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"...public opinion deserves to be respected as well as despised" G.W.F. Hegel, 'Philosophy of Right'

corruption + the lobby industry « Previous | |Next »
March 8, 2007

John Warhurst in an op-ed in the Canberra Times addresses the implications of corruption in the lobbying industry, which I have raised here. He says that:

Burke and Grill's activities themselves are, to my mind, more important in the long run than the question of the links between the twice-disgraced Burke and Kevin Rudd and/or Senator Ian Campbell, to name just two. What they reveal is the depths to which such senior public figures, a former premier and former senior minister respectively, have fallen ... What they also reveal is the weakness of the public office-holders, especially ministers, and businessmen who have dealt with the corrupt lobbyists.

The mention of corruption points toward something rotten. Warhurst then mentions well known recent examples across the nation to show that the corruption is systematic within the lobby industry as opposed to a few rotten apples. However, Parliament appears to be little interested in wiping off the taint of corruption-- to clean up lobbyists' act and rein in the influence of corrupting practices, such as 'you get us a $1 million dollar deal' and we'll raise $50,000 for your campaign coffers.

Warhurst goes on to say that:

All political parties must take some share of the blame for this state of affairs. The prevailing political culture appears to condone it or at least regards it as a necessary evil. But Labor must take the larger share of the responsibility for the current situation. This added culpability may be just because it holds office in all eight state and territory governments (mathematically that would be so); but its record in this regard is truly awful. It needs to clean up its act.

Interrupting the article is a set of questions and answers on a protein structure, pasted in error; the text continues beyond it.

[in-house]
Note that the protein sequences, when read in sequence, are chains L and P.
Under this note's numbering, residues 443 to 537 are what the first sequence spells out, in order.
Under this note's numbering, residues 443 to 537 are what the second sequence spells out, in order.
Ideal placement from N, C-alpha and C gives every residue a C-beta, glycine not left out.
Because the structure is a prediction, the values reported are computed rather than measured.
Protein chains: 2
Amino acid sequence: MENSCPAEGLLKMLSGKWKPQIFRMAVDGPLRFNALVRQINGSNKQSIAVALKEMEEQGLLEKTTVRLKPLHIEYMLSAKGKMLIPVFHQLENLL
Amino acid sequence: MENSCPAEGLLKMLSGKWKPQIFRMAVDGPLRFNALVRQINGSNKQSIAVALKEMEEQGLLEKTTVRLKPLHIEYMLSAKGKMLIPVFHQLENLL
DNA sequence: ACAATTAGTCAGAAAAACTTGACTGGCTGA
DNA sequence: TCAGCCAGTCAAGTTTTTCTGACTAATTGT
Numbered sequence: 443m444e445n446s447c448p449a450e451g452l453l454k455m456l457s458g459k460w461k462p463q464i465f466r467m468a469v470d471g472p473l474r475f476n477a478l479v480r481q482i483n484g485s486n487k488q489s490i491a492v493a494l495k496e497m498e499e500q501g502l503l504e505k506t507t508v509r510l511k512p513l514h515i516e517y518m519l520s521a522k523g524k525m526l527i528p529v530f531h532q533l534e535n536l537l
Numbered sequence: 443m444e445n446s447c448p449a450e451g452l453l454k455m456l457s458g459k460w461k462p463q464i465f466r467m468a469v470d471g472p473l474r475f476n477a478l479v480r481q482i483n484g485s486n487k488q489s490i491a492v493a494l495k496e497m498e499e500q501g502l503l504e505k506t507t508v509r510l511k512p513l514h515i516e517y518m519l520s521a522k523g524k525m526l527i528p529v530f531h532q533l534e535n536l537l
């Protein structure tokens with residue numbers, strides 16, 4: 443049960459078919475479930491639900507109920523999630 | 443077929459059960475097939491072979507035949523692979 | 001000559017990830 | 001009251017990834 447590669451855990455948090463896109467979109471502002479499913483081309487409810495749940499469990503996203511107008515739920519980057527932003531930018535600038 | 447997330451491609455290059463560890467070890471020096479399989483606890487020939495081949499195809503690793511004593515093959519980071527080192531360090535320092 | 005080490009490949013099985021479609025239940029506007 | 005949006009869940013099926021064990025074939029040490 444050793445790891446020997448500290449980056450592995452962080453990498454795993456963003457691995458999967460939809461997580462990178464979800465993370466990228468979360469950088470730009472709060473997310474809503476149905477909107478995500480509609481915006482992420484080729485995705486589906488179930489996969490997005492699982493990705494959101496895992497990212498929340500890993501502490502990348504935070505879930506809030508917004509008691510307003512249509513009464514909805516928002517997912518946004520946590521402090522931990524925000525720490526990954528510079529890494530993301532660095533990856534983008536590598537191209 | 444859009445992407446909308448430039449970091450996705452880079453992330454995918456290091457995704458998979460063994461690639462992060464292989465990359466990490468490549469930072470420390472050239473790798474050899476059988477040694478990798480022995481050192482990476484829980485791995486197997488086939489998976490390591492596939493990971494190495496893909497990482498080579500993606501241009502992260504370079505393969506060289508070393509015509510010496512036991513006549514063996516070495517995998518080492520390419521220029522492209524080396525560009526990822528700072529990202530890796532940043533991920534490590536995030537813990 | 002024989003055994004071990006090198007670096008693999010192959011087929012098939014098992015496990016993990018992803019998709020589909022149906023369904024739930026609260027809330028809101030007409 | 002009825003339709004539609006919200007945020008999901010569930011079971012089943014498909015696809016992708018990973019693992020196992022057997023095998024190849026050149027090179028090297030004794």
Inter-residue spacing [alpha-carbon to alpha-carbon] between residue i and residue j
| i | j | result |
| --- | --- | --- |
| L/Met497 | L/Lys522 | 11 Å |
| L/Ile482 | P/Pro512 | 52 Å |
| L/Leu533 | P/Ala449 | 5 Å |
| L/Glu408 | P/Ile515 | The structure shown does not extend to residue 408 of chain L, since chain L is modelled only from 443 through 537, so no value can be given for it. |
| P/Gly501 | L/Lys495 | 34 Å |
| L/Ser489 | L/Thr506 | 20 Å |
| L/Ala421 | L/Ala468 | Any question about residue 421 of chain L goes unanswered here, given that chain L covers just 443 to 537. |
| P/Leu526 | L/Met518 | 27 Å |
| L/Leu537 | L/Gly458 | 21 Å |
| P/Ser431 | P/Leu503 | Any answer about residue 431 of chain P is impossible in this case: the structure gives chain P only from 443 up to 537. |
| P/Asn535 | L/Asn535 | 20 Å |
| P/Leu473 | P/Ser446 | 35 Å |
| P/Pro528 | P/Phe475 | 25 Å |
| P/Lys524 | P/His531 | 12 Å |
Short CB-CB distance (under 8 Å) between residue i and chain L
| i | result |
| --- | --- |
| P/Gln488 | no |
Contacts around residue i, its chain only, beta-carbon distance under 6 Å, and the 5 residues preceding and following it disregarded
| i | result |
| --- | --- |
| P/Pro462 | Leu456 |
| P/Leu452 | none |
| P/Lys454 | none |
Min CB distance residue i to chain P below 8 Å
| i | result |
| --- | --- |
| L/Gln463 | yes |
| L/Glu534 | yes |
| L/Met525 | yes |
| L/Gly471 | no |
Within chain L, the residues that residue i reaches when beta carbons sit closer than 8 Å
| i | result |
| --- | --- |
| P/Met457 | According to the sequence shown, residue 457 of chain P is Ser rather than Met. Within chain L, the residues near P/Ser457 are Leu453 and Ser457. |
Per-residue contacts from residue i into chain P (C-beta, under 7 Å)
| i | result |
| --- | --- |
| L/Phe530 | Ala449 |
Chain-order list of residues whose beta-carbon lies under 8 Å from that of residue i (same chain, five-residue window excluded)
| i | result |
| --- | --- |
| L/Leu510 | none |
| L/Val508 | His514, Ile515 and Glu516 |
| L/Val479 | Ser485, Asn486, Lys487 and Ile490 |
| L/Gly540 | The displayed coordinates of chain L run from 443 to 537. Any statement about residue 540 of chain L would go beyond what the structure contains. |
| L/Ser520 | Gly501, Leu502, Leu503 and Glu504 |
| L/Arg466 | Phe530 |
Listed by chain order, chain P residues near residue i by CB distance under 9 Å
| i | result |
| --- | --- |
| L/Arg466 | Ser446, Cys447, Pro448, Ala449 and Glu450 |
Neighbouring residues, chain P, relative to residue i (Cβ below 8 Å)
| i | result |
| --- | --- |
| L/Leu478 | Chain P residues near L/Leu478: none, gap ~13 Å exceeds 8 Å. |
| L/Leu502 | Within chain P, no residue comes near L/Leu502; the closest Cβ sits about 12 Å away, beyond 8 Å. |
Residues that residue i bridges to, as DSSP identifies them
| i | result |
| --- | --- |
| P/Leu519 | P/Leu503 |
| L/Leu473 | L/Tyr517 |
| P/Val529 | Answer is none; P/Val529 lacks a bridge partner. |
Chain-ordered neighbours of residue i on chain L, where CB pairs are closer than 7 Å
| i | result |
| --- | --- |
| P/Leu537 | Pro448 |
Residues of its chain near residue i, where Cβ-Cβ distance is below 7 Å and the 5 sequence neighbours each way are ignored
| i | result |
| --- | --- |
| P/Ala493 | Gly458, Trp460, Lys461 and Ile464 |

Federal Labor could take the lead on this. Will it embrace the opportunity to show its reform creditionals? It has shown little inclination to ensure that a more comprehensive lobbyist disclosure regime operates in our liberal democracy. However, Kevin Rudd says a comprehensive national register of lobbyists, listing their clients and the politicians they meet, is needed to "clear up" their activities.

| Posted by Gary Sauer-Thompson at 8:03 AM | | Comments (5)
Comments

Comments

Australian politics is heading down the American road. Labor lost its virginity in this respect back in the 1980's, when Hawke, Keating and Richardson started hobnobbing with big business money interests. The flood gates opened, especially in NSW and WA. Remember when Bondy and Hawky were bosom buddies? A story of the corrupt and the corrupted. Instead of the 'Golden State', WA will now be unofficially re-labeled as the 'Shonky State'.

BTW, Whatever happenned to Richo and his shady Swiss bank accounts? While the Aust govt is busy offshoring Aust jobs, the rich and well off (including ex-politicians and sports personalities) appear to be busy offshoring their assets to tax havens.

I think Richo was recently handed a 2 Million bill from the Tax Dept...700,000 or so was the owed amout and the rest was penalties....I suppose he may have some legal fees on top of that too. Not sure if he was part of the group of musicians and sports people being investigated or not.

Steve,
Andrew Parker, managing director of Parker & Partners Public Affairs and partner of Ogilvy PR Worldwide, has an op-ed in The Australian on lobbying.

He rightly states that lobbying is an essential function of our democracy but acknowledges that those who represent the tobacco, firearm and alcohol industries,Australia's Brian Burke and jailed US lobbyist Jack Abramoff are the face of lobbying at the moment, and it's not a pretty sight.